It's late-October, which means the Fall Classic is upon us. The baseball playoffs and their culmination in the World Series naturally emphasize competition and the ranking of teams across the major leagues. There is no confusion about how the Boston Red Sox and the St. Louis Cardinals are ranked. Juxtapose this with the recent spate of media stories about how our education system compares to other countries in the world. And here there is almost complete confusion about the rankings. Which is a shame, because the stakes are much higher than the World Series. Indeed, our economic prosperity and competitiveness hinges on how well we educate children.
Last week a new study released by the U.S. Education Department, called the Trends in Mathematics and Science Study (TIMSS), had some dismal results for American students, despite spin to the contrary. All U.S. states participated in the study, which was designed to link performance of U.S. students to that in other countries. The comparisons in the study also shows there are huge performance gaps among states. Mississippi, Alabama and District of Columbia students scored below on the international average on both exams, meaning their scores were on par with Kazakhstan and Dubai.
The headline in the New York Times was "Eighth-graders in 36 states performed above the mathematics and science averages."
That sounds pretty good until one goes into the details and finds out what league is being assessed. Only a third of the OECD countries -- the club of most developed nations of the world -- participated in TIMSS. TIMSS, for example, did not include Singapore, Switzerland, Netherlands, Germany, or Poland. Instead, the TIMSS countries were heavily weighted toward developing nations -- Armenia, Ghana, Oman, Syria....
No headline about the World Series makes the point that the league finalists -- the Detroit Tigers and the Los Angeles Dodgers -- could beat most of the baseball teams in the AA leagues even if not at the top of the majors. But that is exactly what the rankings on the TIMSS test are telling us.
There are actually two different international assessments for mathematics and science. The other assessment, the Programme for International Student Assessment or PISA, includes all of the OECD countries. On the PISA assessment for 2009, 31 nations were ahead of us in math, but only 12 of those that led us in PISA also participated in TIMSS.
It is not just a matter of pride or of publicity. Playing in the first division in terms of student achievement carries over to what our workforce will look like in the future. And our economic well-being is directly dependent on the quality of our workforce.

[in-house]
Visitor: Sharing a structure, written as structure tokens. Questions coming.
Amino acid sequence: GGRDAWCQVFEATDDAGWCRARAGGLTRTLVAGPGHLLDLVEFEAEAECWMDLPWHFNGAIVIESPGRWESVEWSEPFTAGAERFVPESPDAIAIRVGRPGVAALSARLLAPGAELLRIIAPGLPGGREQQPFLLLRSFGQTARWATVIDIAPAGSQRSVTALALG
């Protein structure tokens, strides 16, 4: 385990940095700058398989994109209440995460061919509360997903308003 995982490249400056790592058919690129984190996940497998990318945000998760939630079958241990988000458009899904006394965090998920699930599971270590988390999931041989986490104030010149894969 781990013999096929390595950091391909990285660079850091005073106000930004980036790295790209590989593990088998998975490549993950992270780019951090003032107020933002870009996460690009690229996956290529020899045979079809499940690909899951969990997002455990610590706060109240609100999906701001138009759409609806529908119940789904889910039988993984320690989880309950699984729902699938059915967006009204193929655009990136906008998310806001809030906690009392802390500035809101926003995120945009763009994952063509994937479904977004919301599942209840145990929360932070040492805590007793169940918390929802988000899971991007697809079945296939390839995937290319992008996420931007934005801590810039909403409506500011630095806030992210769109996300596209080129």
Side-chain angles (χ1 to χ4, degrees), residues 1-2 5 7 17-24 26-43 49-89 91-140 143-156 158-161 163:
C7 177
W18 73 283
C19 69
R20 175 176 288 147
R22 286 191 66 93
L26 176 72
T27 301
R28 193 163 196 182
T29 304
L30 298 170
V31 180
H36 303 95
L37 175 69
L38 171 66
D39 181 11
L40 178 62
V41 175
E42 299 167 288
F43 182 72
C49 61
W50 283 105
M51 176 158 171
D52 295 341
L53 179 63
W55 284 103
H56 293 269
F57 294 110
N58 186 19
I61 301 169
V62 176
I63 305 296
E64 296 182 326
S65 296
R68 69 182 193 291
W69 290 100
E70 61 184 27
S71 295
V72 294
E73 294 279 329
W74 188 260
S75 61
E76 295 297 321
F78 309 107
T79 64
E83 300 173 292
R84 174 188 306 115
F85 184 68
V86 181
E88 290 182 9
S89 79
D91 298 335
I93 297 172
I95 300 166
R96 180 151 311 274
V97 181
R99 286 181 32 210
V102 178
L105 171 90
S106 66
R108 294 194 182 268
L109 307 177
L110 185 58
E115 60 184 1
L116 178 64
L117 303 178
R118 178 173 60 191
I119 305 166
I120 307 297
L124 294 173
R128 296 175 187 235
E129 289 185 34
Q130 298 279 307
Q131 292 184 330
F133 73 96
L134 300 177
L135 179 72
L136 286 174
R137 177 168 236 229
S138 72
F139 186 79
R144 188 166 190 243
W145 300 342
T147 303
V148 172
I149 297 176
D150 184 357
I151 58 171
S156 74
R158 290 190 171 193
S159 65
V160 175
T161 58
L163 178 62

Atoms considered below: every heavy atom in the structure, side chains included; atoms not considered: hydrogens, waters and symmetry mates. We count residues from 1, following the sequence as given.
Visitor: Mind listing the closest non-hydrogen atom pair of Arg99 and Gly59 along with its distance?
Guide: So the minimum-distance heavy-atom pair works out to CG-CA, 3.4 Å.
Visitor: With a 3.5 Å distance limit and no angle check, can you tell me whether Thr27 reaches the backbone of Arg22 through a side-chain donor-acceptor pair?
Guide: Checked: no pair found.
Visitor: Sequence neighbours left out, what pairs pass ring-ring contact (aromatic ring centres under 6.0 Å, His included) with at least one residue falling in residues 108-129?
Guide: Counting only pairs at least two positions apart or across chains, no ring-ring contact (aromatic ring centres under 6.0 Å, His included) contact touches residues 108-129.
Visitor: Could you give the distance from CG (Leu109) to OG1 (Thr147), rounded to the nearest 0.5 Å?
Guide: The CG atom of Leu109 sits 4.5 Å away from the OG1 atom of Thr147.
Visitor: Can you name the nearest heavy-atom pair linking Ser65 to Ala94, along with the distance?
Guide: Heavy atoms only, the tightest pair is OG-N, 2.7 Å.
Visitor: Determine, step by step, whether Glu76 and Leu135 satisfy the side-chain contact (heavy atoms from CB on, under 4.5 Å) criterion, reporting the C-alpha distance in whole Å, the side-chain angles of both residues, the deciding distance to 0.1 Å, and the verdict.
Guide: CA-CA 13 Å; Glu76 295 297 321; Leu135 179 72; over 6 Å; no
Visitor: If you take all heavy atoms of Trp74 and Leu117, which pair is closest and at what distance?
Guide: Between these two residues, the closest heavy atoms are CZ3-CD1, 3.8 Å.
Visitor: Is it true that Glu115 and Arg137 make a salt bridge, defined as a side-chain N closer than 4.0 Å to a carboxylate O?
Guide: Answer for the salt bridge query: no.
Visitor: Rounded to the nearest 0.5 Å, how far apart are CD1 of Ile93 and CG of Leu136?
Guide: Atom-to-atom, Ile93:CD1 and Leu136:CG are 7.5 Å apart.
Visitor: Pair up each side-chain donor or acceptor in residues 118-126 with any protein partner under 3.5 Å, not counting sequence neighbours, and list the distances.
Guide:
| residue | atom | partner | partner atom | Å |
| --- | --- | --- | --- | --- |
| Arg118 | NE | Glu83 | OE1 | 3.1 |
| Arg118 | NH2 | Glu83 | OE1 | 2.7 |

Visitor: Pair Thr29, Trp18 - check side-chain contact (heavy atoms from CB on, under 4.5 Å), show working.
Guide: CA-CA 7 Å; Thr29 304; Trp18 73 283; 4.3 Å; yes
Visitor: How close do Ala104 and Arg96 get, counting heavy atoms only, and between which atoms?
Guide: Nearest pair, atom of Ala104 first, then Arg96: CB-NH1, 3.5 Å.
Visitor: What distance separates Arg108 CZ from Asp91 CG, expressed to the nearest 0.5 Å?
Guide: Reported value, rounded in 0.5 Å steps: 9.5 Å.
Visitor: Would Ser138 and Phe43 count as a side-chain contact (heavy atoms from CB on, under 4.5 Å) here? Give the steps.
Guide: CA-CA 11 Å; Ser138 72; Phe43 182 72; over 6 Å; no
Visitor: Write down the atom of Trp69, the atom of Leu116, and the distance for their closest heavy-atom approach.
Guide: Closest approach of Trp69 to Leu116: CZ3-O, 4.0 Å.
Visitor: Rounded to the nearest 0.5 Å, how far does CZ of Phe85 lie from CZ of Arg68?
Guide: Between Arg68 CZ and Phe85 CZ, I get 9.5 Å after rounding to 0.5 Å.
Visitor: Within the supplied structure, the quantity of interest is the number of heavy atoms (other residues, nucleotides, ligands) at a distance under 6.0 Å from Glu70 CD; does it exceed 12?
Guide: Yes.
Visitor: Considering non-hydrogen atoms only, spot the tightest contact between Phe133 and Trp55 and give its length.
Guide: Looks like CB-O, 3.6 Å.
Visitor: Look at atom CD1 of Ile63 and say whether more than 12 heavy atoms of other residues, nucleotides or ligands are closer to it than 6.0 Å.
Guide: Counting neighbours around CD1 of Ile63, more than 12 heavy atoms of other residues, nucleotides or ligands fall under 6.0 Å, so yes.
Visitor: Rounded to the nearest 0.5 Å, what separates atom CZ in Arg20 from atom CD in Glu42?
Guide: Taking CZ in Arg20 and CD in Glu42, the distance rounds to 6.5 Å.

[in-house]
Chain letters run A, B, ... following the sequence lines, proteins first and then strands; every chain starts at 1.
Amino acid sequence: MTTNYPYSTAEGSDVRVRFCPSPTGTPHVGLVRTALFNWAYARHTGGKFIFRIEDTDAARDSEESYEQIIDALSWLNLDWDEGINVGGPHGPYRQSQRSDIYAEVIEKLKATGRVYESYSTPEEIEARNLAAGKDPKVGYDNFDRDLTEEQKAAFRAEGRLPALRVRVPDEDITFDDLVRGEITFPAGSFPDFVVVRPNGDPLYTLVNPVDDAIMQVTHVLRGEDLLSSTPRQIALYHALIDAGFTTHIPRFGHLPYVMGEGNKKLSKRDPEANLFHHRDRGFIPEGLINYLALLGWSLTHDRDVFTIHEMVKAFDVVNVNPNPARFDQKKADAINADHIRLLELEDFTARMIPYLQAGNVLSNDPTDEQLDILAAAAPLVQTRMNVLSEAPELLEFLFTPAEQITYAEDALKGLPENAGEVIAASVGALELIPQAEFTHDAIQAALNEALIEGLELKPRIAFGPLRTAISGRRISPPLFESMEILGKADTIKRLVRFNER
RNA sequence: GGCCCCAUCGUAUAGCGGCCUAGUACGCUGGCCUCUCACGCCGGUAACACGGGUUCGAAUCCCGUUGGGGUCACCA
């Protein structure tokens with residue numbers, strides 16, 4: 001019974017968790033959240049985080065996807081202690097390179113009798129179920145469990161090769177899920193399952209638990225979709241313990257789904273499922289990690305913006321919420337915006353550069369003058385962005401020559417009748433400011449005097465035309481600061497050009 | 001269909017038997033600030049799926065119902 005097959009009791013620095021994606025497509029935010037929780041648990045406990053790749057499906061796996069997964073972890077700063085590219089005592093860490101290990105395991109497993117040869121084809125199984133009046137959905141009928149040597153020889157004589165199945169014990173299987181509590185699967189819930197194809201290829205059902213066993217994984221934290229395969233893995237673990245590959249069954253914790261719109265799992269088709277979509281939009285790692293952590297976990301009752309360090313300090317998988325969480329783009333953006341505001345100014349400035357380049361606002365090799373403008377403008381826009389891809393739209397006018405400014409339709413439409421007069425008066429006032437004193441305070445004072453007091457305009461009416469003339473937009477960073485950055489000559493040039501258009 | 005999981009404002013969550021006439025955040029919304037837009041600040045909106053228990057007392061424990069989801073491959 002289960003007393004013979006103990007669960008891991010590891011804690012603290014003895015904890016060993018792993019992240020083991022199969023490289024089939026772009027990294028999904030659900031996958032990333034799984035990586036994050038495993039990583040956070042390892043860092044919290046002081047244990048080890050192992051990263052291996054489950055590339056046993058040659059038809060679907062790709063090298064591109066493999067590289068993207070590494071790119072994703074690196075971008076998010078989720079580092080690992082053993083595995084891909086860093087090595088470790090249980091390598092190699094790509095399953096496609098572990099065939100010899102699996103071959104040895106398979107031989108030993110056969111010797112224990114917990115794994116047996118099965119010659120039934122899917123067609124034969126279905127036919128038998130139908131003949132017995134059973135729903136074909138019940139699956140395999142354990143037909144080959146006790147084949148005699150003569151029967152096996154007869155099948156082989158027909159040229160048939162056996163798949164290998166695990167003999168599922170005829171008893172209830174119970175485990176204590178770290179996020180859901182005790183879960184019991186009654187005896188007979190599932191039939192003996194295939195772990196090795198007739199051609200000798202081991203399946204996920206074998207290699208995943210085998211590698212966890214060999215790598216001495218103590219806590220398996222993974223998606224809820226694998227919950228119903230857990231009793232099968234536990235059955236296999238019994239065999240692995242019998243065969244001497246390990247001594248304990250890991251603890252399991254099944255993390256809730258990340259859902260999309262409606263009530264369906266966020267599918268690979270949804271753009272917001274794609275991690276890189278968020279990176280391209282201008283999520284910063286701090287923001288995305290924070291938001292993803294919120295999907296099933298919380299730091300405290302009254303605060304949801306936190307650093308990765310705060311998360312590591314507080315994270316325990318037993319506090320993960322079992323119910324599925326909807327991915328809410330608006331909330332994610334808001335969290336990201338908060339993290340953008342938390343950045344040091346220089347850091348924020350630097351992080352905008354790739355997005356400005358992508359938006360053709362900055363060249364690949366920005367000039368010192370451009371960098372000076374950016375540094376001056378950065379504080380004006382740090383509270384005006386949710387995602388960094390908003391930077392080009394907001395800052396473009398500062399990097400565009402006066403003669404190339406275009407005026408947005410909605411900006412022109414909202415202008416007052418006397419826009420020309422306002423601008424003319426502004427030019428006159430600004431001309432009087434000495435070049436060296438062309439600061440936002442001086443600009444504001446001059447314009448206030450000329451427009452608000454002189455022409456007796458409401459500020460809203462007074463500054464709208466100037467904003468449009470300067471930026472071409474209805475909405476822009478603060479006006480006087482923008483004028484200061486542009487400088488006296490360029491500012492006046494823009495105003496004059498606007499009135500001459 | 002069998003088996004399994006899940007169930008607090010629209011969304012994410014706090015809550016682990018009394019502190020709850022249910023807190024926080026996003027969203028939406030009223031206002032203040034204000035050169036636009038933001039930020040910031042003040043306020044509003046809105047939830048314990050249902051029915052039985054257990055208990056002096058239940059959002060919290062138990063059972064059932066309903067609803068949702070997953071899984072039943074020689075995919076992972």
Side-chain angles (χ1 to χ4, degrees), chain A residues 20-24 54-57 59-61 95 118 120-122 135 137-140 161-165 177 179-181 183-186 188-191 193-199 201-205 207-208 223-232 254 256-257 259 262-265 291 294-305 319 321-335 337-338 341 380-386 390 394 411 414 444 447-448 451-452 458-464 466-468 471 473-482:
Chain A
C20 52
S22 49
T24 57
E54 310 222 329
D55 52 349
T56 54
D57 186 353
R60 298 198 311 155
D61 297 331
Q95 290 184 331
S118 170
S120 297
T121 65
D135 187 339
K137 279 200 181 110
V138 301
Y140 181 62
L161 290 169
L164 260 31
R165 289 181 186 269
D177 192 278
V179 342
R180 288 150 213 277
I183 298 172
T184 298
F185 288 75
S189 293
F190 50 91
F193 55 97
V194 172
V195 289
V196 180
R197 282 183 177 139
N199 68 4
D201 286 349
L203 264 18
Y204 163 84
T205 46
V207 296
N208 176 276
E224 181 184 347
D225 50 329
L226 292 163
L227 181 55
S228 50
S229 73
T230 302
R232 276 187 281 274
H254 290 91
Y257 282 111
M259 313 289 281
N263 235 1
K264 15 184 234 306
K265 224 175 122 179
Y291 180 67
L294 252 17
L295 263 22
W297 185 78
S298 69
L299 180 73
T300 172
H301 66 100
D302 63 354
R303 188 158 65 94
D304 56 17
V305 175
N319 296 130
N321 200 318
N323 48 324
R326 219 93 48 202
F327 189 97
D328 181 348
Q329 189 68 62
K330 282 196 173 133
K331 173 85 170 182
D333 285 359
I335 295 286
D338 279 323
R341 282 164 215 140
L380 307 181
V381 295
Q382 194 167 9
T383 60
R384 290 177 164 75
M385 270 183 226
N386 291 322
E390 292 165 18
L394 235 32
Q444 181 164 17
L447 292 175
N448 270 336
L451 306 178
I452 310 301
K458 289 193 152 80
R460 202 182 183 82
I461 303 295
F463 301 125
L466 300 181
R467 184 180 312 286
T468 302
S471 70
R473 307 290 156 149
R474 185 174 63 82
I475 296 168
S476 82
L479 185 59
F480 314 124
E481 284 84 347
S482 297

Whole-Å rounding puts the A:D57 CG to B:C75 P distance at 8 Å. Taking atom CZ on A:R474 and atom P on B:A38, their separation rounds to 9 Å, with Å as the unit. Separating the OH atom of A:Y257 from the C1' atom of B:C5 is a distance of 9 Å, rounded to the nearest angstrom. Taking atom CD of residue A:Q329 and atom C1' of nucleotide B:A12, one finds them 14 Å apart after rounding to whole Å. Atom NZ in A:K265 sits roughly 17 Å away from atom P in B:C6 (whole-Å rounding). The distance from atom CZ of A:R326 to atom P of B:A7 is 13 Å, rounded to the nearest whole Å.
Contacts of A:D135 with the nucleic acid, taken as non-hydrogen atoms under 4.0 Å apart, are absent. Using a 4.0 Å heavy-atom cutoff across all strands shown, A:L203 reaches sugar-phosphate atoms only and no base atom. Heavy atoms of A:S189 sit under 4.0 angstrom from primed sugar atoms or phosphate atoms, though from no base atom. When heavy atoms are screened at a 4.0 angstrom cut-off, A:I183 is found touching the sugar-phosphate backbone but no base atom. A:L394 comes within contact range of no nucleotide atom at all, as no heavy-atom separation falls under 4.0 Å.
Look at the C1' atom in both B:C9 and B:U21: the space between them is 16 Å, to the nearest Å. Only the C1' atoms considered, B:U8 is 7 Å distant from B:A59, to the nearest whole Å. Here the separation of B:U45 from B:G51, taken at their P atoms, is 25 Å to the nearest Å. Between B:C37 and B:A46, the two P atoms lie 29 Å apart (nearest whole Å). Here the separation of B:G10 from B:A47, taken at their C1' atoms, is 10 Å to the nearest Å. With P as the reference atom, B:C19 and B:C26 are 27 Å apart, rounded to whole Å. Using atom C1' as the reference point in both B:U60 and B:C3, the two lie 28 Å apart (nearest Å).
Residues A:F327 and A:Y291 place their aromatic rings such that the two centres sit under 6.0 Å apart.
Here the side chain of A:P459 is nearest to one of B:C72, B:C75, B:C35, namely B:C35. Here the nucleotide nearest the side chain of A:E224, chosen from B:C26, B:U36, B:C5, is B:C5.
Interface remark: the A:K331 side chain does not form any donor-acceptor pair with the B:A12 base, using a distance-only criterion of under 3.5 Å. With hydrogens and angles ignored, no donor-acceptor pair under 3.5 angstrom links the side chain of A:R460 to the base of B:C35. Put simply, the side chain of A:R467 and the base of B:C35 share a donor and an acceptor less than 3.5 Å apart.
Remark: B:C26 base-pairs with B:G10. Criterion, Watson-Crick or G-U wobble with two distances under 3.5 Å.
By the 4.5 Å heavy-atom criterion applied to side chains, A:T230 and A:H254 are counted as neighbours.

In a recent book with our colleague Ludger Woessmann from Munich, we consider the economic implications of playing in the wrong league. By our estimates based on historic relationships, if the U.S. could rise to the level of Canada over the next twenty years, the average U.S. worker could have a 20 percent larger paycheck every year for the next 80 years.
Our book, Endangering Prosperity, shows how the U.S. states compare to the first division countries in economic competition. While the TIMSS comparison speaks of 36 states being above the test average, the PISA tests show that our thirty-sixth state falls between Latvia and Lithuania. This is hardly the comparison group that we should be happy with.
Instead of being complacent about our international standings, we should focus on ways to get our students up to the top leagues. There is considerable disagreement about the precise way to do this, but there is also broad recognition of key factors.
Every current study of student performance today points to the importance of highly effective teachers and leaders. Strong teachers, by our calculations, can lead us to the top of the world rankings -- and gain us the commensurate economic performance. Moreover, this is not a matter a completely replacing our current teachers. The vast majority of current teachers are ones we should keep. They will participate in the renovation of our schools.
At the same time, we want to ensure that our best teachers stay in the classroom longer. This implies rewarding them for their performance so that they are not tempted to leave the schools. We also want to ensure that our least effective teachers move out of the classroom to places where they are better suited.
The research evidence shows clearly that some combination of strong accountability for student outcomes, of performance pay for teachers and administrators, of expanded school choice, and of local autonomy and decision making would be helpful in getting to this better outcome. Getting there requires parental involvement. It requires strong policy interventions. And most of all it requires the leadership of those currently in the schools.
Eric Hanushek is a senior fellow at the Hoover Institution of Stanford University. Paul Peterson is a professor of government at Harvard University.